By Cara Simaga
Drug diversion, a term that is used to describe when prescription drugs are taken by an individual who they are not specifically prescribed for, has become a significant problem in America. Particularly with the rise of the opioid epidemic, we’re seeing drug diversion continue to be problematic both in the home and in healthcare facilities. In 2017, $301 million worth of drugs were lost.
Unfortunately, the problem has only increased in the past few years. In 2018, $454 million worth of drugs were lost to drug diversion, and 94% of those incidents involved opioids. While that’s still a large number, the increase from year-to-year is even more alarming. Drug diversion also does not appear to be slowing, and it’s impacting some of our more vulnerable communities.
A recent study from the University of Minnesota School of Nursing found that 5,917 pills were stolen from residents of assisted living facilities in Minnesota over the last five years. That means that 131 residents of assisted living facilities were impacted, and the average resident lost about 45 doses of medicine. For seniors with a serious condition, that number of doses can mean life or death. This is an alarming reality for both seniors living in assisted living facilities around the country, as well as their families who want to ensure their loved ones are being taken care of.
Let’s explore why this issue exists at assisted living facilities and how seniors and their families can help prevent the continuation of drug diversion in this community.
Why drug diversion is a problem at assisted living facilities
Older adults, particularly those who are living in assisted living facilities are sadly one of the most vulnerable targets of drug diversion. Most older Americans, roughly 80 percent, take at least one prescription drug every day, and although they account for just over 10 percent of the U.S. population, this group receives about a third (34%) of all of the prescription drugs given out in America. Additionally, nearly a third of older adults have been prescribed an opioid for pain management.
Due to the combination of the number of prescription drugs, including opioids, that are prescribed and therefore available at assisted living facilities on a daily basis, as well as the presence of senior residents, who some would think of as a vulnerable group, there is a heightened rate of drug diversion within these communities.
But it’s not other residents causing this problem. According to Protenus data, 18.7M pills were lost due to healthcare employee misuse and theft. Sadly in the healthcare field, with so much access to prescription drugs, addiction is not as uncommon as one might think. According to the National Center for Biotechnology Information, 10 to 15 percent of healthcare workers misuse drugs and alcohol at some point in their career.
Signs seniors can look for to help prevent and recognize drug diversion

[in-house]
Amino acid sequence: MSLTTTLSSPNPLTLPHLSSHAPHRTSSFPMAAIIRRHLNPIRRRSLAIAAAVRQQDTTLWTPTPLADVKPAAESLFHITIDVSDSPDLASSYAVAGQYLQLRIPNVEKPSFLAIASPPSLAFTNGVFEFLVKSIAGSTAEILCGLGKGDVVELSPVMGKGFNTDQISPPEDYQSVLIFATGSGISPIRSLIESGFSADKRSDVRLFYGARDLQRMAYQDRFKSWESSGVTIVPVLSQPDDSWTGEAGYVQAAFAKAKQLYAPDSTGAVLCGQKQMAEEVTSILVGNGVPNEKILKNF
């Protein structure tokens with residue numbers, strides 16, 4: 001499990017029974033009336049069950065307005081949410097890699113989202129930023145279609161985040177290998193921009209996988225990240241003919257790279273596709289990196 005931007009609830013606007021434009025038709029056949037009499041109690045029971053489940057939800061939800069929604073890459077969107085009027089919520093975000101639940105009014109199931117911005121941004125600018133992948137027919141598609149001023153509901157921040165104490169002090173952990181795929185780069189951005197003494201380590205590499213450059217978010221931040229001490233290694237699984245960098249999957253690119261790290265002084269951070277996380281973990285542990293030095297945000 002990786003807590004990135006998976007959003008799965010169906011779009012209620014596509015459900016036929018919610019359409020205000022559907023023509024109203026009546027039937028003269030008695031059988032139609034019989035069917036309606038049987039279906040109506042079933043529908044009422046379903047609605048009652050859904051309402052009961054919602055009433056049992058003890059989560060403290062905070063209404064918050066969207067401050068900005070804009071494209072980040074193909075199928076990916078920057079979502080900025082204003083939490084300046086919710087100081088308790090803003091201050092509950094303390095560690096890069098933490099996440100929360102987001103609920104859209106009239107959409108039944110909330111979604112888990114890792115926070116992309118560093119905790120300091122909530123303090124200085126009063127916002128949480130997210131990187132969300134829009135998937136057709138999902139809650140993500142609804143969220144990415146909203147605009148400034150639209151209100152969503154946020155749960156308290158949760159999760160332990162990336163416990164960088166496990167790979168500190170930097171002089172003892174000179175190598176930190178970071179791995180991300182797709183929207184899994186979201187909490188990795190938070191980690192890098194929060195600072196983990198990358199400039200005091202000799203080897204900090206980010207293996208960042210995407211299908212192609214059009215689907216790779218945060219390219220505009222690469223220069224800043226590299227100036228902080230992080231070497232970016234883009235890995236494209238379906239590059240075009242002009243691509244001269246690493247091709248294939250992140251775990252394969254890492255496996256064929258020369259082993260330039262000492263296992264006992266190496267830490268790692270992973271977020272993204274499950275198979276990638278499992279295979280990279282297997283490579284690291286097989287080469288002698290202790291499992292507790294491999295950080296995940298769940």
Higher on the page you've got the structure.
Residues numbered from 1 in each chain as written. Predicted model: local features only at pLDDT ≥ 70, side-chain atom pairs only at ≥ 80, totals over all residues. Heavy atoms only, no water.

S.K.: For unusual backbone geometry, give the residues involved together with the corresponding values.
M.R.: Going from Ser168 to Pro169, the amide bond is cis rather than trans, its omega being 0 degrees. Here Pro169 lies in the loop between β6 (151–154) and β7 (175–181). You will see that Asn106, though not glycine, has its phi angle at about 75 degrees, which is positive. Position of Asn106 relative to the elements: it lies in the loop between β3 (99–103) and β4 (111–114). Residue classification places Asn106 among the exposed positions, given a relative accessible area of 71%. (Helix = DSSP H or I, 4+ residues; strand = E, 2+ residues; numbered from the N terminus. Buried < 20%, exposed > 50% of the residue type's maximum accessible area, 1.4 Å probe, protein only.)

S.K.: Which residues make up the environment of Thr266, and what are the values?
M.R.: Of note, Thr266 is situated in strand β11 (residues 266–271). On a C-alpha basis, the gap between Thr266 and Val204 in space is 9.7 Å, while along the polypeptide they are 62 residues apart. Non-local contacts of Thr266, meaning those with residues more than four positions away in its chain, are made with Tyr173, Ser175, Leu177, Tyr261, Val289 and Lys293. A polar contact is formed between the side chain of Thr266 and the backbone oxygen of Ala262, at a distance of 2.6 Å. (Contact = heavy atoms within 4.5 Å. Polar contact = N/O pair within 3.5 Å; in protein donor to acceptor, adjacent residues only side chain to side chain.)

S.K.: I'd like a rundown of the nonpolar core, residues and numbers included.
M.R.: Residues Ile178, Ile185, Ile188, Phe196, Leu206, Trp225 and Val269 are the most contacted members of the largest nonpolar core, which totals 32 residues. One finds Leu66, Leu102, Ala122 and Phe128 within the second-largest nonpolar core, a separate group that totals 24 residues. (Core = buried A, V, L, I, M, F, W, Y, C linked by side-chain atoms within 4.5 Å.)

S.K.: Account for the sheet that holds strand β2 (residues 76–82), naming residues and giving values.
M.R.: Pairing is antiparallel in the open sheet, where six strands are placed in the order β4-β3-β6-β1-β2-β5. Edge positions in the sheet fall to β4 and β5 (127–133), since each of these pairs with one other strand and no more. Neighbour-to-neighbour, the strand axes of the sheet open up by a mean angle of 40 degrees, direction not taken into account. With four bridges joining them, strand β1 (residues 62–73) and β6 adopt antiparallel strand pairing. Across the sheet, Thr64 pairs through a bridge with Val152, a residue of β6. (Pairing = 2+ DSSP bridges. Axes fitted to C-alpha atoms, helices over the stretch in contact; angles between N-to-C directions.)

For residents at assisted living facilities there are a few ways to ensure that medications are not being diverted. First, for those able to store medications in their rooms or apartments, it’s important to keep track of medications. This may mean counting the number of pills left in a bottle and keeping a log each day to ensure no pills go missing. Additionally, seniors should only keep medicines that they are using – don’t let unused prescription medications sit in a medicine closet or on a bathroom counter. Dispose of unused prescriptions properly through drop off kiosks or through mail-back envelopes, which ensure that the medications don’t fall into the wrong hands. For residents who need help with medication management it can be a bit more difficult. Monitoring their own levels of pain or symptoms for changes is an important factor in detecting drug diversion.
How families can ensure their loved ones are getting the medicines they need
For families with grandparents, loved ones or friends living in assisted living facilities, it’s important to look out for the signs of drug diversion as well. This begins with asking the right questions before placing your loved one in a community. For example, how does the facility administer drugs? Will it always be the same nurse or assistant delivering the drugs? What is the process for vetting employees? How does the facility manage medication overall? How does the facility dispose of unused drugs?
Families should ensure that the facility has policies for medication management and that they are disposing of used prescriptions in a safe way. Additionally, families should come to an agreement with the facility on the updates they’ll receive about their loved ones condition, and their medications. By addressing the potential problems surrounding drug diversion from the start of your loved one’s time at an assisted living facility, and raising the right questions, you can help prevent drug diversion.
Cara Simaga is Director of Regulatory Affairs at Stericycle.